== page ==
A new cyber enemy has just landed

  • Team Omega
  • December 16, 2014

The latest in cyber security is unauthorized https certificates originating from known name authentic vendors! How does this happen? What can you do to prevent it?

Online digital certificates are used by Web servers for identification purposes and to encrypt traffic between the server and user. The certificates are for security reasons and help prevent unauthorized communications from and to a site. So, when the certificate itself is a counterfeit, the criminal can obtain easy access to all the information that passes back and forth to a browser. This of course can result in all types of criminal activities.

Forged certificates can allow an attacker to spy on information sent between a Web server and a browser even though the connection appears to be secure. A write-up on TechTarget says, “In a recent incident, unauthorized digital certificates for a number of Google’s domains were issued by the CA National Informatics Centre of India (NIC) when its issuance process was compromised. Google quickly blocked the unauthorized certificates in Chrome by issuing a CRLSet. India CCA later revoked all the NIC intermediate certificates, and another CRLSet push was performed to include that revocation.”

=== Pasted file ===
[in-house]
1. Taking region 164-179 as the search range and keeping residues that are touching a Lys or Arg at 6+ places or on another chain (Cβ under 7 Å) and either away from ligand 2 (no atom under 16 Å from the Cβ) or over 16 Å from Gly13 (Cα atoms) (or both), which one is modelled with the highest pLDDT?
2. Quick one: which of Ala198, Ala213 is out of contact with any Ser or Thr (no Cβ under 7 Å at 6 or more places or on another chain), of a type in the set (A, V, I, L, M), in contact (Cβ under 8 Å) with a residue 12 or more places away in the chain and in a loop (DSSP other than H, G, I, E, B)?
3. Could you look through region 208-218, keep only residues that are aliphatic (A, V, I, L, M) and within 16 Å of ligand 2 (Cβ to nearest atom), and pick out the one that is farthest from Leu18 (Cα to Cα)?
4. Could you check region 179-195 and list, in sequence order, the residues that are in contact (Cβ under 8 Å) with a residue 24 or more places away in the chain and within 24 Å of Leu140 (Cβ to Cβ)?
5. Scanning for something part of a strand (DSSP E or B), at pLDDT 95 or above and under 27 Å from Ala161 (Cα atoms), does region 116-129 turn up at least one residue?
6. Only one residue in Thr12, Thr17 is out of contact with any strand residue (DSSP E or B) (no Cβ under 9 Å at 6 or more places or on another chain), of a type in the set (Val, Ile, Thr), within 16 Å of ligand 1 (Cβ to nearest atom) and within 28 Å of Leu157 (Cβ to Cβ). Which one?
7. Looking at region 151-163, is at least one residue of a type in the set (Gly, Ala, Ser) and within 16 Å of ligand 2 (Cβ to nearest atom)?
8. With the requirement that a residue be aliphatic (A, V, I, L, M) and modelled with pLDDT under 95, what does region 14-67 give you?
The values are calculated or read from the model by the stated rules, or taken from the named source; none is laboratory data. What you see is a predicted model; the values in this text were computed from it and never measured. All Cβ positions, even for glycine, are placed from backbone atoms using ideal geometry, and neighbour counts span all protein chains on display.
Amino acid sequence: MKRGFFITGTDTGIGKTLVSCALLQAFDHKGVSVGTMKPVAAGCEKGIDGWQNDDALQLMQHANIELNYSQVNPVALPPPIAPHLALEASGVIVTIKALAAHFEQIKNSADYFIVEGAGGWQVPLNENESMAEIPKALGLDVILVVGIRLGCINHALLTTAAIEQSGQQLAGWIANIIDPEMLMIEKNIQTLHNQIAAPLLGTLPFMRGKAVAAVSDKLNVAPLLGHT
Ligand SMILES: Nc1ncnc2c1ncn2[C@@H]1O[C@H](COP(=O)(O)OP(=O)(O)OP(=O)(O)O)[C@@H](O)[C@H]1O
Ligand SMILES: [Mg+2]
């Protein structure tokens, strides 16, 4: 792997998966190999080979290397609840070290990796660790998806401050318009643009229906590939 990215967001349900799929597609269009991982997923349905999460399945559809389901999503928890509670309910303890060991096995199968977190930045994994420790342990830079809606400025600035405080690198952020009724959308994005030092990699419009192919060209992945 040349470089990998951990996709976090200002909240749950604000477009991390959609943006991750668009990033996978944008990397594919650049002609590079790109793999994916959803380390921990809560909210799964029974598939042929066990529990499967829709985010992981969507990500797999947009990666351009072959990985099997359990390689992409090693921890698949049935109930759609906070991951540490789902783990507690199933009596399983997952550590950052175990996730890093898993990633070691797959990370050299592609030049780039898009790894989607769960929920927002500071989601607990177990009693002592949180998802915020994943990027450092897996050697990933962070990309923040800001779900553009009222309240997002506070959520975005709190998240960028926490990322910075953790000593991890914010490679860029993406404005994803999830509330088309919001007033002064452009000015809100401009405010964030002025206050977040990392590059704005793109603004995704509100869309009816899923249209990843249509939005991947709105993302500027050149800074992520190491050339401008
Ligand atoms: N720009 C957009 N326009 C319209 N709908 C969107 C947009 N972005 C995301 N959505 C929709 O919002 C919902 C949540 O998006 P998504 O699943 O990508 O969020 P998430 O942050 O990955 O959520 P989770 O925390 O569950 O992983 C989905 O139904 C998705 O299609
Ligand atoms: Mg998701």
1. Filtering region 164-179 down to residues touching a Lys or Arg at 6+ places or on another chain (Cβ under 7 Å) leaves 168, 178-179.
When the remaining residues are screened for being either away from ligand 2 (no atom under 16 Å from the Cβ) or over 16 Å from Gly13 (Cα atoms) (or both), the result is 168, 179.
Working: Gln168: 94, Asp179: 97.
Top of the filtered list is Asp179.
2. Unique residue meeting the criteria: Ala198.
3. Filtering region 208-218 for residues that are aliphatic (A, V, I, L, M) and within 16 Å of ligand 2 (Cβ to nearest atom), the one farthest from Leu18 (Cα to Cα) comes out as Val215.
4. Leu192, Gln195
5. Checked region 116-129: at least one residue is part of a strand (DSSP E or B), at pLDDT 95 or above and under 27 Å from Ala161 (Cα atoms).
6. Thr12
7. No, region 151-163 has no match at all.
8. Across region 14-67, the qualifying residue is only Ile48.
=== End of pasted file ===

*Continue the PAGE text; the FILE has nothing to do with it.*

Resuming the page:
Here is what the article recommends. “Browsers base trust decisions on the inclusion of roots of trust in a root store, so the best way for enterprises to safeguard their users from malicious certificates is to ensure that browsers are kept up to date with current certificate trust lists. Turning on certificate revocation checking in a browser is not that efficient at establishing whether a certificate is still valid and tends to slow down page-load times considerably. A better option is using a firewall that can deep-scan SSL-encrypted traffic to sniff out fake certificates or malicious code. Security teams should also monitor security news feeds and delete untrusted root certificates from the root store manually before updates become available if the risk to a network is deemed unacceptable. Instructions to remove a root and clear the local cached CTL across an enterprise network can be issued via Group Policy.”

For more details, read the entire article on searchsecurity.techtarget.com.